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  7. madrider5150

    madrider5150 Riding somewhere

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    The heads were decked only to prep surface not to raise cr, shouldn't have been enough to prevent torque spec to be reached. The rear head torqued down no problem and the rest of the bolts hit 42 ft lbs. I also ordered a new torque wrench just cause
  8. anotherguy

    anotherguy Long timer

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    Verify the distance. Manufacturing tolerance.
  9. madrider5150

    madrider5150 Riding somewhere

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    My micrometer broke a while ago and Ill be honest, I suck at measuring- especially distances like that. I contacted hammer about what happened and am waiting on a reply and an invoice for head and base gaskets
  10. madrider5150

    madrider5150 Riding somewhere

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    20190914_184153.jpg 20190914_184213.jpg
    Maybe it's hard to see but the bottom of the rockerbox has some gouges on the mating surface. Not sure what would have caused this and does it appear beyond acceptable?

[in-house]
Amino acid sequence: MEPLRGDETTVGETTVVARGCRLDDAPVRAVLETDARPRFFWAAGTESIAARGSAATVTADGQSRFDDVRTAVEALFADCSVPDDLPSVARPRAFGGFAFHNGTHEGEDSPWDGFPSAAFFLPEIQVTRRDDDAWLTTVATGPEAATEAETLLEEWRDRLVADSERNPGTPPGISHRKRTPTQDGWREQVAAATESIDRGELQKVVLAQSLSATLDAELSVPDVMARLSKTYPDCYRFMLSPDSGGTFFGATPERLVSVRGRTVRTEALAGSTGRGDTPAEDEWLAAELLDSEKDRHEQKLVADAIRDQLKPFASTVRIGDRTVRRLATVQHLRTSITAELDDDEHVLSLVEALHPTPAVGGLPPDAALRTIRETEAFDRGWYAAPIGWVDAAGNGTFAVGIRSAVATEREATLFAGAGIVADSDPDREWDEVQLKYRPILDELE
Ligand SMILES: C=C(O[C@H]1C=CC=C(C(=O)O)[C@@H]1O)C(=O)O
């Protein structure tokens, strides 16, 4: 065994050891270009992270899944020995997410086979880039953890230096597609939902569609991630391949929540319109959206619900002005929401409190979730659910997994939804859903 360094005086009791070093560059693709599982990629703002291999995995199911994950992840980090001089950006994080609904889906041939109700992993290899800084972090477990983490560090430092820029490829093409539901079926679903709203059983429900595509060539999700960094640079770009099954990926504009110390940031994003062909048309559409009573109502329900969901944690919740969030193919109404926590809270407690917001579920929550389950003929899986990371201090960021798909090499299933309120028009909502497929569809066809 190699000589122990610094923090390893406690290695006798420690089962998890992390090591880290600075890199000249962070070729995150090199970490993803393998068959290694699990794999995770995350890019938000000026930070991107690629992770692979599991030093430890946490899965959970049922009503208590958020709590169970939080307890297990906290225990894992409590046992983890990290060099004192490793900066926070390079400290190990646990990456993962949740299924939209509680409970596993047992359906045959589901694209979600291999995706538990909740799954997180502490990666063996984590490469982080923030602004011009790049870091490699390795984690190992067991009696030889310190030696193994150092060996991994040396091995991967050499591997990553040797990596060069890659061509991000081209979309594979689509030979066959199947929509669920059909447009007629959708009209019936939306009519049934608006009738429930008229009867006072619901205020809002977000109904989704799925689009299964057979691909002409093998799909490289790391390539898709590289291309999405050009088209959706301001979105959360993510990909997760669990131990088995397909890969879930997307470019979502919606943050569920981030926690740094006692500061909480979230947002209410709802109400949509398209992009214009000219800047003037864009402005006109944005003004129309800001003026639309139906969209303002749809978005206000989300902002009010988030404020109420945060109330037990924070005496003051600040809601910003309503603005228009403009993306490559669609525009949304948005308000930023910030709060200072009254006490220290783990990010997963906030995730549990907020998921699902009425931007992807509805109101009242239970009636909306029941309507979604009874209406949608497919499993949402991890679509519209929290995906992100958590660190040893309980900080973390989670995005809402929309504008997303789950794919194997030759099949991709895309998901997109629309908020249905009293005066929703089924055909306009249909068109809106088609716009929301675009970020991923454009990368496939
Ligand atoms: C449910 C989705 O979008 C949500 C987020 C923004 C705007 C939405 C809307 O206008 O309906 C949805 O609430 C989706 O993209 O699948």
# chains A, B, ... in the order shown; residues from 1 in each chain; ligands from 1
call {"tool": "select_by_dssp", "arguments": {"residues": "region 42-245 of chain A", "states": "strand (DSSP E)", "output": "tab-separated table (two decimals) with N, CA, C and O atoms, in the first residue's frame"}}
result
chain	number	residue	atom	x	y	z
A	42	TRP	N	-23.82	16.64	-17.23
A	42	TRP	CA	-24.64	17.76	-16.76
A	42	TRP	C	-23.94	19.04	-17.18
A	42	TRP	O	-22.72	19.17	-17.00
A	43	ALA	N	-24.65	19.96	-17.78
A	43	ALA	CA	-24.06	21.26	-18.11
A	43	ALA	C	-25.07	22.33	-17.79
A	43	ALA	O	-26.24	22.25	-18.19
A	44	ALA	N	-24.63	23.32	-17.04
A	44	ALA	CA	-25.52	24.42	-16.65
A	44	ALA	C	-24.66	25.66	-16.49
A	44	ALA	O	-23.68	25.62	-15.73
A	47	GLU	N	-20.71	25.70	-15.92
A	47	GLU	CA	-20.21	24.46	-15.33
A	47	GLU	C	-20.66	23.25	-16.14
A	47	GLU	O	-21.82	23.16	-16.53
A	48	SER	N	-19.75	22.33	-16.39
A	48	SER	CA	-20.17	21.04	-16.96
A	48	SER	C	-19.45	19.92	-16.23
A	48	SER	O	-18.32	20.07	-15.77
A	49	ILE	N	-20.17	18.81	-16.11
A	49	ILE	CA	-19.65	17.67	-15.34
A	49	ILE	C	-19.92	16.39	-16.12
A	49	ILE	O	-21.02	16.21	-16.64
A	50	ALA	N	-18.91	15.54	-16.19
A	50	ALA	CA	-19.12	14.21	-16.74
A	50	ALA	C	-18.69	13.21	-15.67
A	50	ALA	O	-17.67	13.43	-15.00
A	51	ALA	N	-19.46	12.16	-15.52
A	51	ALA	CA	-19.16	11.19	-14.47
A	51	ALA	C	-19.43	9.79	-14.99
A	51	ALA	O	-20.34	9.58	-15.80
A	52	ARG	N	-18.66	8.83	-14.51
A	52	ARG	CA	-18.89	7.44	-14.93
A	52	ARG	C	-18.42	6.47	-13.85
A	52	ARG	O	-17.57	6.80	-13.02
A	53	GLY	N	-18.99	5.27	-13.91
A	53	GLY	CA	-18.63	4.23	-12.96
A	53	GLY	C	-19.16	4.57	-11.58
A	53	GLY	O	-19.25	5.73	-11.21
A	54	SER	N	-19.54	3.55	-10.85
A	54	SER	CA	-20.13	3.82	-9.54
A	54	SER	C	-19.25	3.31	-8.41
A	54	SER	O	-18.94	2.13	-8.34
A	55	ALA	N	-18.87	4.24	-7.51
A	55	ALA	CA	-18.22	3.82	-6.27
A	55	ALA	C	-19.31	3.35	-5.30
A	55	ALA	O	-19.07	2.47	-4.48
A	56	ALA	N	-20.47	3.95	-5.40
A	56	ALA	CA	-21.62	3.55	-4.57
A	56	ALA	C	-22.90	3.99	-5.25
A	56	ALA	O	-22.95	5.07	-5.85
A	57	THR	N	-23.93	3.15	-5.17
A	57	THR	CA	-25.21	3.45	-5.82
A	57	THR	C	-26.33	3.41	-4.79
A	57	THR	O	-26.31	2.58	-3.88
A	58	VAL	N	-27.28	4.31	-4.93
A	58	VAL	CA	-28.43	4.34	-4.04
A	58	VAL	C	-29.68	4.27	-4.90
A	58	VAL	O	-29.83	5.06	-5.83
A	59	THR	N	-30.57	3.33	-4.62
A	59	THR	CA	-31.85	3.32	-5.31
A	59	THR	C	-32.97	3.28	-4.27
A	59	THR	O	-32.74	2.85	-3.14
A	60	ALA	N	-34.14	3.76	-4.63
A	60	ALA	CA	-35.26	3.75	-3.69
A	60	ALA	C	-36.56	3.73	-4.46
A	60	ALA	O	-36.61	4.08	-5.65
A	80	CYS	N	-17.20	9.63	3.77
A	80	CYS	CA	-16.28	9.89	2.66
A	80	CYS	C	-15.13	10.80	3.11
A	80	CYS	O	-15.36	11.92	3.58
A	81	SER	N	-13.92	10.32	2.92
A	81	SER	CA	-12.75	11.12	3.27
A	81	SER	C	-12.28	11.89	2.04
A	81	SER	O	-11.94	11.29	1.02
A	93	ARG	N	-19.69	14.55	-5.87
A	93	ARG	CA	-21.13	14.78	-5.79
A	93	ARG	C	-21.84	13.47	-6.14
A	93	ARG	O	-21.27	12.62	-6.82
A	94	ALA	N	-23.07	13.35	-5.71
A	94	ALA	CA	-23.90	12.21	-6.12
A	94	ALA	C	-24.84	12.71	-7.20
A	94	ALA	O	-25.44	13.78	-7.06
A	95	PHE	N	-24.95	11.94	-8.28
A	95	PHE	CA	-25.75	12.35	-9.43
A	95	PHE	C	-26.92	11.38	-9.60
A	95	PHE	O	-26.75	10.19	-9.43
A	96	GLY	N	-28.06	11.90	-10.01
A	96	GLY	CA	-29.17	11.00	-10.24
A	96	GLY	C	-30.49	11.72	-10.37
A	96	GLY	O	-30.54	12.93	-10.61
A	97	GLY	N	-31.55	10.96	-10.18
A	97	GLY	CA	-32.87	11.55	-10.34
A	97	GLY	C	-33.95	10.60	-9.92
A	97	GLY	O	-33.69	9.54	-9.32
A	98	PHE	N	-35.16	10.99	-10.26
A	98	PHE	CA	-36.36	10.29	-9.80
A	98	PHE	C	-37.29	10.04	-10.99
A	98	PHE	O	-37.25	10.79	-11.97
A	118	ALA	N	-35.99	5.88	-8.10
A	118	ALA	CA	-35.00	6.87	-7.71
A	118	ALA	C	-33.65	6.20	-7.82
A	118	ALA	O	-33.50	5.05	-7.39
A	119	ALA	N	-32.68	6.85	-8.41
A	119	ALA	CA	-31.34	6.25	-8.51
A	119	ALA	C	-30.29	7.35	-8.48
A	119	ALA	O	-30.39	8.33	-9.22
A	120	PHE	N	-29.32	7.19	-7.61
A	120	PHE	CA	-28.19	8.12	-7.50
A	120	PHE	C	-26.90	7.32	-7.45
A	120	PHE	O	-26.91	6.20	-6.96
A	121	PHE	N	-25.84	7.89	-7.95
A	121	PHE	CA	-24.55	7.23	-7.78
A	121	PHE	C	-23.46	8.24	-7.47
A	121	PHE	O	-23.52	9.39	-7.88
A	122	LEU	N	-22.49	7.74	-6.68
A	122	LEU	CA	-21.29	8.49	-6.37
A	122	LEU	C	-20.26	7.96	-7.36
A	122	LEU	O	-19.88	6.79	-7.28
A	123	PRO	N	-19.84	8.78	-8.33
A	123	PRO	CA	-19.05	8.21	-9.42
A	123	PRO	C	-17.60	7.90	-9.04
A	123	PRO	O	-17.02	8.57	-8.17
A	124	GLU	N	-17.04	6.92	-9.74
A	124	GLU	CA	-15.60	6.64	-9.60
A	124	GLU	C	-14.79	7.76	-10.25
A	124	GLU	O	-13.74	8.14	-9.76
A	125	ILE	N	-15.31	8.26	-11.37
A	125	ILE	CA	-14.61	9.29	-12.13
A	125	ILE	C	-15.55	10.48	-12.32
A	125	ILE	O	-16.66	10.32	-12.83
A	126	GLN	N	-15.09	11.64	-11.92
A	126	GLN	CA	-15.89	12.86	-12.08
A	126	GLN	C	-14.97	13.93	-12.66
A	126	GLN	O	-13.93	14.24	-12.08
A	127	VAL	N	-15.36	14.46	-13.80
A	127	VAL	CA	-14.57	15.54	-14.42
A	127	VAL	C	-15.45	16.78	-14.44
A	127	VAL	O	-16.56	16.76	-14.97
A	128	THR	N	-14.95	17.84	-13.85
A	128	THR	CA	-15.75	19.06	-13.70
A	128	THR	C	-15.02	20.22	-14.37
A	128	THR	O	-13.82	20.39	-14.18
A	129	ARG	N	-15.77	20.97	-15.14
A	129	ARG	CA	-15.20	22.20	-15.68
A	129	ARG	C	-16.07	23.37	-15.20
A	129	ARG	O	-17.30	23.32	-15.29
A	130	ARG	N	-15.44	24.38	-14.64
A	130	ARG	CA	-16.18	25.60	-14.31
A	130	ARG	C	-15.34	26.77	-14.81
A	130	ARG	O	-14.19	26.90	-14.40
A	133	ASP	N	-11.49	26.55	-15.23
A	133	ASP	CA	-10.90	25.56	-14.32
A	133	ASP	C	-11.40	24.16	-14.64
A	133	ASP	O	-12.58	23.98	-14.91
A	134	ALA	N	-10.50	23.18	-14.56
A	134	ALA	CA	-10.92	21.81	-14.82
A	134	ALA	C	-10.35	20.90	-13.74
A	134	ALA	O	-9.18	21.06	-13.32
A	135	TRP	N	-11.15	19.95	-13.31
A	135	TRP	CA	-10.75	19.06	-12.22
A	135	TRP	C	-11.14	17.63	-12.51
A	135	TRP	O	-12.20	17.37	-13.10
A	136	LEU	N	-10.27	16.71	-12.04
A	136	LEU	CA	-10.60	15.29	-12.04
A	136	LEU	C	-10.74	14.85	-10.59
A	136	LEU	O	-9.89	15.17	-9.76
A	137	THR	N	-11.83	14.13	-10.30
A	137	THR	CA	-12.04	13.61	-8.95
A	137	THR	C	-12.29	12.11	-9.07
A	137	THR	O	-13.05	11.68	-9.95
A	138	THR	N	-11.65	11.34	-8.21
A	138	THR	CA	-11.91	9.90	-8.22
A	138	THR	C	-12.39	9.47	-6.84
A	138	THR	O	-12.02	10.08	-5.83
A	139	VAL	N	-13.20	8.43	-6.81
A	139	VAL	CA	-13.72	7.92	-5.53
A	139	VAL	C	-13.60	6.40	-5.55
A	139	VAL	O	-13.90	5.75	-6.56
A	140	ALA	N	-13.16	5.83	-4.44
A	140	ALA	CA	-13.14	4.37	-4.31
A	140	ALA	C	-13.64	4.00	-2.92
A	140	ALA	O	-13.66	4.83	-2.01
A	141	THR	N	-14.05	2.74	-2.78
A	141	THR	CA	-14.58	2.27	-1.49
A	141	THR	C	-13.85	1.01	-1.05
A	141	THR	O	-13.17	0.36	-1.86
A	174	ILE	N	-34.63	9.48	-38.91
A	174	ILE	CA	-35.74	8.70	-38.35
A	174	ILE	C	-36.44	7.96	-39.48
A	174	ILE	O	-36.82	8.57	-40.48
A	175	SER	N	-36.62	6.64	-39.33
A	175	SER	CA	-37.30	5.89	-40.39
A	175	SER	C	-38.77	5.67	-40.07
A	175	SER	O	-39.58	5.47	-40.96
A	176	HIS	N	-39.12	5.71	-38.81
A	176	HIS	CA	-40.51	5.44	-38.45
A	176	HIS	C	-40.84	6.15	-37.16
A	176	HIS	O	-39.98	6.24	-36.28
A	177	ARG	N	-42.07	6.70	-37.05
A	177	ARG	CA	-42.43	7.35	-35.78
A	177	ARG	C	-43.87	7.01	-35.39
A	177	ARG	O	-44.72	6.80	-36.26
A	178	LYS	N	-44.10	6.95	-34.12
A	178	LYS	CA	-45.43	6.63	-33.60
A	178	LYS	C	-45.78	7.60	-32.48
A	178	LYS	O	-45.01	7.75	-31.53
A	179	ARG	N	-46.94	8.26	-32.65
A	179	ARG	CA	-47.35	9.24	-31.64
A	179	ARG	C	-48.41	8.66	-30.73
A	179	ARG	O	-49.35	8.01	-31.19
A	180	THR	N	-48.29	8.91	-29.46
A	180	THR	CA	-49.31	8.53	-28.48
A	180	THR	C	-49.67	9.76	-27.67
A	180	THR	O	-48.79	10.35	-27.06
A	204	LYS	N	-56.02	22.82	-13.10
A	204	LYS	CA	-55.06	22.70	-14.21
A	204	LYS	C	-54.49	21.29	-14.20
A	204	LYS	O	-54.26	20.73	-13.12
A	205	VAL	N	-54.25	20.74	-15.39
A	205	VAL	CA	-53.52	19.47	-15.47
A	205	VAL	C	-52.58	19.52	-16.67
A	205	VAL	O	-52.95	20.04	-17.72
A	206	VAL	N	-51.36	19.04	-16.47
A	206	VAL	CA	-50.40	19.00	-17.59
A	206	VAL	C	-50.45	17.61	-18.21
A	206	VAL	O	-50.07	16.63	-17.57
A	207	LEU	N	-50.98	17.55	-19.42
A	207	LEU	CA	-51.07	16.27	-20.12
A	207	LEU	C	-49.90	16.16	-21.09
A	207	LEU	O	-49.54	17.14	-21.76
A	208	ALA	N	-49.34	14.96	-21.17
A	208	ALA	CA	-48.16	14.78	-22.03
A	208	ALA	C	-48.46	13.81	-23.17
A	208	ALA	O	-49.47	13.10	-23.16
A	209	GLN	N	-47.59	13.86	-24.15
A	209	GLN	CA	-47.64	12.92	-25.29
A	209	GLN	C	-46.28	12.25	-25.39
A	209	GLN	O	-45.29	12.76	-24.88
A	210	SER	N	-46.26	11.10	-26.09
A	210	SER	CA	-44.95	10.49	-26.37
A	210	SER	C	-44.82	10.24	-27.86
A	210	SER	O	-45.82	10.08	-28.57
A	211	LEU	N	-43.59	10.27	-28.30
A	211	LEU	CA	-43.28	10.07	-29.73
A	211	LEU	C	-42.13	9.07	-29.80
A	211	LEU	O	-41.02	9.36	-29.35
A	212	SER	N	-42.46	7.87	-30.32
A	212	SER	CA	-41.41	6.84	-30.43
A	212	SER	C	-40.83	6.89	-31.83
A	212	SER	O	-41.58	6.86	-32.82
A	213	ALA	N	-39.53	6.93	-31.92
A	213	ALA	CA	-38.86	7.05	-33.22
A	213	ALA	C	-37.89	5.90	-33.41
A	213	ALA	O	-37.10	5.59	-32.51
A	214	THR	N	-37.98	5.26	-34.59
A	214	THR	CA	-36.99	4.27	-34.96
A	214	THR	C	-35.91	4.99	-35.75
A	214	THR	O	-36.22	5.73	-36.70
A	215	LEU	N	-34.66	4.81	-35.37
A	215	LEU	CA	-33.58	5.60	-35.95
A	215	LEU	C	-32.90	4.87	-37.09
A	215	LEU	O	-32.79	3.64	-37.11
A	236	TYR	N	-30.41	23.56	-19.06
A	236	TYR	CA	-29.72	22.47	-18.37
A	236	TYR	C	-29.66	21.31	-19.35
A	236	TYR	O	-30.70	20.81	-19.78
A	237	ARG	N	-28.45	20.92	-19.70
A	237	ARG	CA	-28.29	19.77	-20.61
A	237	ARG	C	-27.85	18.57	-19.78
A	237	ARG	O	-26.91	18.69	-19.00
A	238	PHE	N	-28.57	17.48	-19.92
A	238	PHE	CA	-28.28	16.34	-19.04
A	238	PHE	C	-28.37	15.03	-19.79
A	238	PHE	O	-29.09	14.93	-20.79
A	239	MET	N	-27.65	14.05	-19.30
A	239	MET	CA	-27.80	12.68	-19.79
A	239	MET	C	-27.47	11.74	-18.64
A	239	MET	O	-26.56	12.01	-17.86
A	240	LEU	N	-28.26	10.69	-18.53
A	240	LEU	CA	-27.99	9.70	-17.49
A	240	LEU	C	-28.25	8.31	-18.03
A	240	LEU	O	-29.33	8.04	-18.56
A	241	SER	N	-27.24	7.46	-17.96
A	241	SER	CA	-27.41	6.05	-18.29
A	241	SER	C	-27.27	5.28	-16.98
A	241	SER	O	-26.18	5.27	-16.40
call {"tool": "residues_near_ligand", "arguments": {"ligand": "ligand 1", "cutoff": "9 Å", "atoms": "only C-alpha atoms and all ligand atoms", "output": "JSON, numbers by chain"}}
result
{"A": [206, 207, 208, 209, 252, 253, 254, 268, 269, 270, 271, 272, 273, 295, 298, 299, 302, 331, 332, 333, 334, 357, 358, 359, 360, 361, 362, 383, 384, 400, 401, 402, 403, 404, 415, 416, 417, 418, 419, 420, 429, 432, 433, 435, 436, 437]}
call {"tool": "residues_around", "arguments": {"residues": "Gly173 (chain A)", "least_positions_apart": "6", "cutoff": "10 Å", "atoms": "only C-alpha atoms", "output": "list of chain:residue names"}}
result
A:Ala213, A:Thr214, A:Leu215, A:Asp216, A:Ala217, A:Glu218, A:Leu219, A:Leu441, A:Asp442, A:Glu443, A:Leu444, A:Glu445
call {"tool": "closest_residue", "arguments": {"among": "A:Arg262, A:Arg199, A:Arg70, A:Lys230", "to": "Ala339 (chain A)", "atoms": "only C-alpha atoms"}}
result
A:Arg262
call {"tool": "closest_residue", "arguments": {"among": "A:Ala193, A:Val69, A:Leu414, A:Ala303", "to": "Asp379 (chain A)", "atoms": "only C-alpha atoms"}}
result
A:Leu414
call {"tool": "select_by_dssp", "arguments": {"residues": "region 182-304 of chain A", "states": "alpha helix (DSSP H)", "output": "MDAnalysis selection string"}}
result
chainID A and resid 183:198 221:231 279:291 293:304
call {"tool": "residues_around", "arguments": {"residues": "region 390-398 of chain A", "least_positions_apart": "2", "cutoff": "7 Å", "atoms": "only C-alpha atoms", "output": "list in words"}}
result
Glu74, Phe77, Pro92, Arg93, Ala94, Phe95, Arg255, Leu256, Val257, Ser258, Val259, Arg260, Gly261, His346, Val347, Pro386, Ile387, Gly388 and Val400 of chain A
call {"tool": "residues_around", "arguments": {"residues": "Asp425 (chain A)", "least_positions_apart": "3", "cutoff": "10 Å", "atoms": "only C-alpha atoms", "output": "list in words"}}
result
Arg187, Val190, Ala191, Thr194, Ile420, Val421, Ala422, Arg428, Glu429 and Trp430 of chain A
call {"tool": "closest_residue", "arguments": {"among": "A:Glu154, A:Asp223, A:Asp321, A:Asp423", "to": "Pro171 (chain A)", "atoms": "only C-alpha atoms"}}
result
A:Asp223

11. madrider5150

    madrider5150 Riding somewhere

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    Perhaps these engine inquiries are more suited to XL Forum... Anyway seeing as how these are two flat mating surfaces with one piece metal gaskets between them- at least from cometic. The only theory talking with friends is the shop used some rudimentary method to scrape off the factory gasket resulting in these gouges- maybe using a chisel. It doesnt seem possible for them to occur in any other way while the is running... I just sanded it down a bit and went ahead and installed it. Its crazy thinking a shop would do that but just no other way really?!
  12. madrider5150

    madrider5150 Riding somewhere

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    So today with a new base gasket, torque wrench, piston ring compressor tool and my one replaced cylinder stud I proceed with assembly. Everything is going well until torquing to 42 foot lbs again. This time it's the front left stud which will not hit torque after spinning and spinning and instead of going until breakage I disassembled and went to remove the stud. Double nut method isn't working, the threads have begun to deform and no tightening is possible. And I was feeling really good about an hour ago lol. May have to order the stud puller again. What an absolute cluster fuck
  13. madrider5150

    madrider5150 Riding somewhere